What does this have to do with dentists? Plenty, Dr Foltyn says.

“Once it proceeds beyond a small size, which is regarded as Grade 1, you go to something that invades bone in the upper and lower jaw. Once it reaches Grade 4, you go from an 80 per cent survival rate in five years to a 20 per cent survival rate. Oral cancers kill.”—Dr Peter Foltyn, St Vincent’s Hospital, Sydney

“Going blind is terrible, but she still has the rest of her life to live,” he says. “If dentists fail to pick up on an oral cancer and it progresses to the point where the patient loses half their jaw, it’s very different to going blind. They can’t speak, they can’t eat, their appearance is gone and their job prospects are diminished. If it’s Grade 2 or Grade 3 there’s a 30 per cent or 40 per cent chance you’re going to be dead in five years. From that perspective, I think that court case from last year should leave dentists quite concerned.”

The current knowledge of growth rates of oral cancers makes it hard for dentists to get away with failing to identify a cancer if they only saw the patient a few months ago. Dentists could also be liable if their employees, such as dental hygienists and oral health therapists, did not spot the issue.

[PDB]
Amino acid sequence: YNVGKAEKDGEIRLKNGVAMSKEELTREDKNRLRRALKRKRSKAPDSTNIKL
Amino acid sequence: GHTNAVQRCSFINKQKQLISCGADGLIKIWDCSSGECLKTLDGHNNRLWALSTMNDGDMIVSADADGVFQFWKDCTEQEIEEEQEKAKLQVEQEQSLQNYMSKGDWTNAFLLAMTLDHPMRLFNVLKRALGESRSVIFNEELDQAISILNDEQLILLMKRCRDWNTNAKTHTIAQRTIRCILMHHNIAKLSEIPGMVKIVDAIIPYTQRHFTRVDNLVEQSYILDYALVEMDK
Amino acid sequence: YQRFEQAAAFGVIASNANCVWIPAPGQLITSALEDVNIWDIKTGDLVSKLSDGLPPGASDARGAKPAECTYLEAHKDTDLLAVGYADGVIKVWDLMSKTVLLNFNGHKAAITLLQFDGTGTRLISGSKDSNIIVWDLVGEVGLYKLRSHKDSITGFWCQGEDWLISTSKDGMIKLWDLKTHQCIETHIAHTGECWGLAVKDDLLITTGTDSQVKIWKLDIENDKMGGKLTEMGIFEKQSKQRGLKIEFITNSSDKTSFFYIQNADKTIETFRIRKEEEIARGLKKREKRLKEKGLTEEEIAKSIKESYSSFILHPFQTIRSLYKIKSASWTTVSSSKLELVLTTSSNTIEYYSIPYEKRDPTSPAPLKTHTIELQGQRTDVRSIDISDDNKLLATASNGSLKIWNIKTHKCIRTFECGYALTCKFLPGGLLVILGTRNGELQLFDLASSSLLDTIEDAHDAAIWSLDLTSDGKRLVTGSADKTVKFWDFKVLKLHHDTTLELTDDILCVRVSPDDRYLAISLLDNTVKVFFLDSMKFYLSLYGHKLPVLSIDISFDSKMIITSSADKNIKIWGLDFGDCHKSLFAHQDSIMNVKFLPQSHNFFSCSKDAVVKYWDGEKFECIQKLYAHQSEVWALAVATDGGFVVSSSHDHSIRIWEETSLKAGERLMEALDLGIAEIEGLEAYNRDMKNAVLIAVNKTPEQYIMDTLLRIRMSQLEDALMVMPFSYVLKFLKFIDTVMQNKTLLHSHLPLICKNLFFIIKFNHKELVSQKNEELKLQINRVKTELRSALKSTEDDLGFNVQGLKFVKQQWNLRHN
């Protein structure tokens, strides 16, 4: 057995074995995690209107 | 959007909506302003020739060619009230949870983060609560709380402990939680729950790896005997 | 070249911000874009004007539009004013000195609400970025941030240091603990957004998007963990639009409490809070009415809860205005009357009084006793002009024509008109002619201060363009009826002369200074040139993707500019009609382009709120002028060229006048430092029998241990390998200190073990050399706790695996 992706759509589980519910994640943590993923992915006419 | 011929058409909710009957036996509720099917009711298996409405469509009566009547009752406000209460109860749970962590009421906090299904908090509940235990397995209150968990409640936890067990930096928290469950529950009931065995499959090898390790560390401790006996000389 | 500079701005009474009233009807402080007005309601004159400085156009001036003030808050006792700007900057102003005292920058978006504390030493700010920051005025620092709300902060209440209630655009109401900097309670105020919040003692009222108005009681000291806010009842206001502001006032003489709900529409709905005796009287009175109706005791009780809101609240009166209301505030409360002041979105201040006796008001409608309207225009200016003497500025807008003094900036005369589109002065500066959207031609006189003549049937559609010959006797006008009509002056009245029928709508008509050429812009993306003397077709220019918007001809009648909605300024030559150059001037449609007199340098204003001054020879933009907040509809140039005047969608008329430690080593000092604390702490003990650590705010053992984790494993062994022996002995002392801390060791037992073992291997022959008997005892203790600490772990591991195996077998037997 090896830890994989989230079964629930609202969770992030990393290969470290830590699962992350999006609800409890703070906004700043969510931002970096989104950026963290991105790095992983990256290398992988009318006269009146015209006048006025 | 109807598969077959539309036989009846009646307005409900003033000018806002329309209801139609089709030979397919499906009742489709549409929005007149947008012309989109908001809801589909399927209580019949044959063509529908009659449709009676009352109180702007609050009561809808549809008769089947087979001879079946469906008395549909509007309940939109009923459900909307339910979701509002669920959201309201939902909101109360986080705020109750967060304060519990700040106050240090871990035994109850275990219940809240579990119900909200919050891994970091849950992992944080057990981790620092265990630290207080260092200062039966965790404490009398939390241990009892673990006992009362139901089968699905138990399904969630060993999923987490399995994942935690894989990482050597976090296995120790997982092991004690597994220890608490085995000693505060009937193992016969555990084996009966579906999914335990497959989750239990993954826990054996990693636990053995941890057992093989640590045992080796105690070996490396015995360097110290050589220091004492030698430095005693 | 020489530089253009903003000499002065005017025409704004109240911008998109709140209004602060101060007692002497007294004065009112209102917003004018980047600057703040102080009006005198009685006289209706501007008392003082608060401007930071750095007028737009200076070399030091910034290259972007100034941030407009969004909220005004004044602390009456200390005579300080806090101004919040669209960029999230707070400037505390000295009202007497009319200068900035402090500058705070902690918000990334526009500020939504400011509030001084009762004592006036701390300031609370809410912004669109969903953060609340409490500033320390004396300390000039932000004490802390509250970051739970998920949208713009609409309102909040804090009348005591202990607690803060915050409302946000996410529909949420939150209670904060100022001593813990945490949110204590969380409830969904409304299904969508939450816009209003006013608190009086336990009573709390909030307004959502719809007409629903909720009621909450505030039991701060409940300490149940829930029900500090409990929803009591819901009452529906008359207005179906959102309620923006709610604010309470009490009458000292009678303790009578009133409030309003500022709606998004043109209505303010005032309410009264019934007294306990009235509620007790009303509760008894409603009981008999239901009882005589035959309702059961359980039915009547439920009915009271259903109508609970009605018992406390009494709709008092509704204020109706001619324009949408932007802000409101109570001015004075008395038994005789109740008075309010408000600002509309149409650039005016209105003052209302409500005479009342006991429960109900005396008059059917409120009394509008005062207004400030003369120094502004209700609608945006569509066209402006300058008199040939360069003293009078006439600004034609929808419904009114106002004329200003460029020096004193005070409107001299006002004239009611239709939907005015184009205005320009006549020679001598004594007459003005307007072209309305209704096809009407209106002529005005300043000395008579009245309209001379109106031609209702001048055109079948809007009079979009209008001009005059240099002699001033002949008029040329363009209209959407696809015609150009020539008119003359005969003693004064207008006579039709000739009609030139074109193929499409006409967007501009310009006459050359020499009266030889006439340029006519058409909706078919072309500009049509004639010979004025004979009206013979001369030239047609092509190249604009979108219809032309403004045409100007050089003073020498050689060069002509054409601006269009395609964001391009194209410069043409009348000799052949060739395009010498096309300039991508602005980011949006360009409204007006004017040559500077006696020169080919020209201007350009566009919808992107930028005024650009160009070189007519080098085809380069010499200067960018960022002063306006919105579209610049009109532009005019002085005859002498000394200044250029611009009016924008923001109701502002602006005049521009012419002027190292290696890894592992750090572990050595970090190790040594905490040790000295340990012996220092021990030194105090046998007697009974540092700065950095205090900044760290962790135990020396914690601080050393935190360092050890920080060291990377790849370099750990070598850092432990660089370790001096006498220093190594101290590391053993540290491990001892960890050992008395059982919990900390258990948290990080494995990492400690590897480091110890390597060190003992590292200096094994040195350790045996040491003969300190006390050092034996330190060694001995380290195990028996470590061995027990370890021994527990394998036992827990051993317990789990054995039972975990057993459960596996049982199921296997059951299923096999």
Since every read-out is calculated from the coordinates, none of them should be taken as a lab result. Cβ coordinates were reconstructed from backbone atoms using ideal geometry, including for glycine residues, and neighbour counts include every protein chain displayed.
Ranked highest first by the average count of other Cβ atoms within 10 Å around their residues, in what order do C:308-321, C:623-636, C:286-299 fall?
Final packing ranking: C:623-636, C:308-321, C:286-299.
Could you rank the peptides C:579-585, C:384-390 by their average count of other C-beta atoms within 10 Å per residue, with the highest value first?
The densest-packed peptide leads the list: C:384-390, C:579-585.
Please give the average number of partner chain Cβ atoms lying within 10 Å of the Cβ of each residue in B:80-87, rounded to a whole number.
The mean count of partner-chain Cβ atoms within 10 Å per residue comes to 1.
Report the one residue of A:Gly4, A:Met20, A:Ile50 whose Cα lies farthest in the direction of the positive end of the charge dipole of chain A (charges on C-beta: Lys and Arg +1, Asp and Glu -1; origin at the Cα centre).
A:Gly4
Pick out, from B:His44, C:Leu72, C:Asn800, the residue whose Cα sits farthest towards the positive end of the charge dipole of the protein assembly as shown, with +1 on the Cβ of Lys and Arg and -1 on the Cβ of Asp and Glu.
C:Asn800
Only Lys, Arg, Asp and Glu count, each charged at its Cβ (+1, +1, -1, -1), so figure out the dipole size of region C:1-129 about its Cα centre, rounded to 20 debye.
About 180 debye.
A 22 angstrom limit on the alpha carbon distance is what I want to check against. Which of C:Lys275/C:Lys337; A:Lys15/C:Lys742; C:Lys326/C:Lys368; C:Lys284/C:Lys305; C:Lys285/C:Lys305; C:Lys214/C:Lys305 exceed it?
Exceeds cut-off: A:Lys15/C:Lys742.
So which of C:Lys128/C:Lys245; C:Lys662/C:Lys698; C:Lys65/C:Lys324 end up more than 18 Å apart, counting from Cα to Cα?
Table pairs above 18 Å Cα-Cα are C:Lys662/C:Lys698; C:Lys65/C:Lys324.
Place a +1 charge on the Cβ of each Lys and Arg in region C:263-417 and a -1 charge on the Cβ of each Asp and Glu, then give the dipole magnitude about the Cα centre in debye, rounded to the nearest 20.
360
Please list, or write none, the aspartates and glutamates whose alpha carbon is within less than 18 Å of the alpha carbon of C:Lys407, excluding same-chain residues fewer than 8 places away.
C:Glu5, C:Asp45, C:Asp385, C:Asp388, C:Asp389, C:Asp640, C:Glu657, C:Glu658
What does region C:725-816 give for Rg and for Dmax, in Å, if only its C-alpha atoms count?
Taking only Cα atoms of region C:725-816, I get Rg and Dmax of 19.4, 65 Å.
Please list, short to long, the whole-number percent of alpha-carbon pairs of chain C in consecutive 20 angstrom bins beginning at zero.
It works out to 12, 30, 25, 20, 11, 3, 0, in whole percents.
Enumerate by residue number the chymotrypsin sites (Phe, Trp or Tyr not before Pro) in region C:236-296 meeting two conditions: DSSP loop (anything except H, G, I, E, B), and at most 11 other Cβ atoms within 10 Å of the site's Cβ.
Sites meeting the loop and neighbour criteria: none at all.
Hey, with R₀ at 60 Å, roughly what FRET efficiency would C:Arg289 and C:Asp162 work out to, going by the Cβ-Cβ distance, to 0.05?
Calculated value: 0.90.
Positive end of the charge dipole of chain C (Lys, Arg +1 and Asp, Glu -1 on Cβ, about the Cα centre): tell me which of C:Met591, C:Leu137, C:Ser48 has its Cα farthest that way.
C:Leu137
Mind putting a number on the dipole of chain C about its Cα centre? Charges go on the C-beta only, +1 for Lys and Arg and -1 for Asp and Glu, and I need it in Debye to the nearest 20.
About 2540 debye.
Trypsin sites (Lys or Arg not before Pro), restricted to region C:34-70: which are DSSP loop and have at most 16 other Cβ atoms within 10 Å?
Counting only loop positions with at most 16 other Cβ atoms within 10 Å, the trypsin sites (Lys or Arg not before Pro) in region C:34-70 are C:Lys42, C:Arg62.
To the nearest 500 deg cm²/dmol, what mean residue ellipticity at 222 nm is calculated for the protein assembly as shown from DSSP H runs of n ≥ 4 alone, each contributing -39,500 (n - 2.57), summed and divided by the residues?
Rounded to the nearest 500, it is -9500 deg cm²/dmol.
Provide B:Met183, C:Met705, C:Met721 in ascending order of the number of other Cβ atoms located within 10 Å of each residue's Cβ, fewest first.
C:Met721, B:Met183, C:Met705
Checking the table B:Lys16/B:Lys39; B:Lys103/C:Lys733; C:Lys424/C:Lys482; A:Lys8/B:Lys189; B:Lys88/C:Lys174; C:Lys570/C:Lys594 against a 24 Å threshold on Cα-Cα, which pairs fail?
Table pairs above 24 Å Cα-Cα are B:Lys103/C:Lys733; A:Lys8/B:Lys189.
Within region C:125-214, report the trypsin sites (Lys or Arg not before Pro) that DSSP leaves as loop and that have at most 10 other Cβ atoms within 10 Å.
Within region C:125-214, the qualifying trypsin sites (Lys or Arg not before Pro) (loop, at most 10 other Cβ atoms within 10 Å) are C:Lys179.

“At some point in time, data will be used to say, ‘If you had a check-up four months ago and your cancer now is 3.2 centimetres in diameter, this would have been here at the time you had the examination.’ It’s a look back, and this is where dentists can be caught out,” Dr Foltyn says.

“Dentists have got that responsibility because we’re doctors of the mouth. Our medical colleagues really don’t understand teeth and gums. We can’t expect them to identify the nuances. It’s our responsibility, especially with patients over the age of 40, to ensure that we have a look around.”

The silver lining

A story about cancer and legal issues need not be all bad news. If dentists begin screening every patient thoroughly, they are offering a powerful service to society as well as protecting themselves from potential legal action. At the same time the profession is becoming more relevant in a different way.

“Dentists are always looking for how can they add value,” Dr Palmer says. “We all know that patients should come in regularly for a check-up but we struggle with explaining convincingly why. But frankly, for the same reason that not many women would miss out on
their Pap smear, I don’t think many people would miss out on their oral cancer screening if they saw the same value in it. It could almost be that the check of the teeth and gums is secondary to the importance of the oral cancer screening.”

What does a dentist do when they identify a suspicious indicator? “If in doubt, biopsy,” Dr Foltyn advises. “One of the problems with this is that it’s not a technique that most general dentists are familiar with, so a lot of dentists refer off to specialist oral surgeons or periodontists. That just throws more delay into the equation.

“It’s easy enough to learn to do excisional or punch biopsies, and if more dentists were able to do that, it would mean that the patient would have a result within a day. If there is a positive result of the biopsy, treatment can be started much quicker.”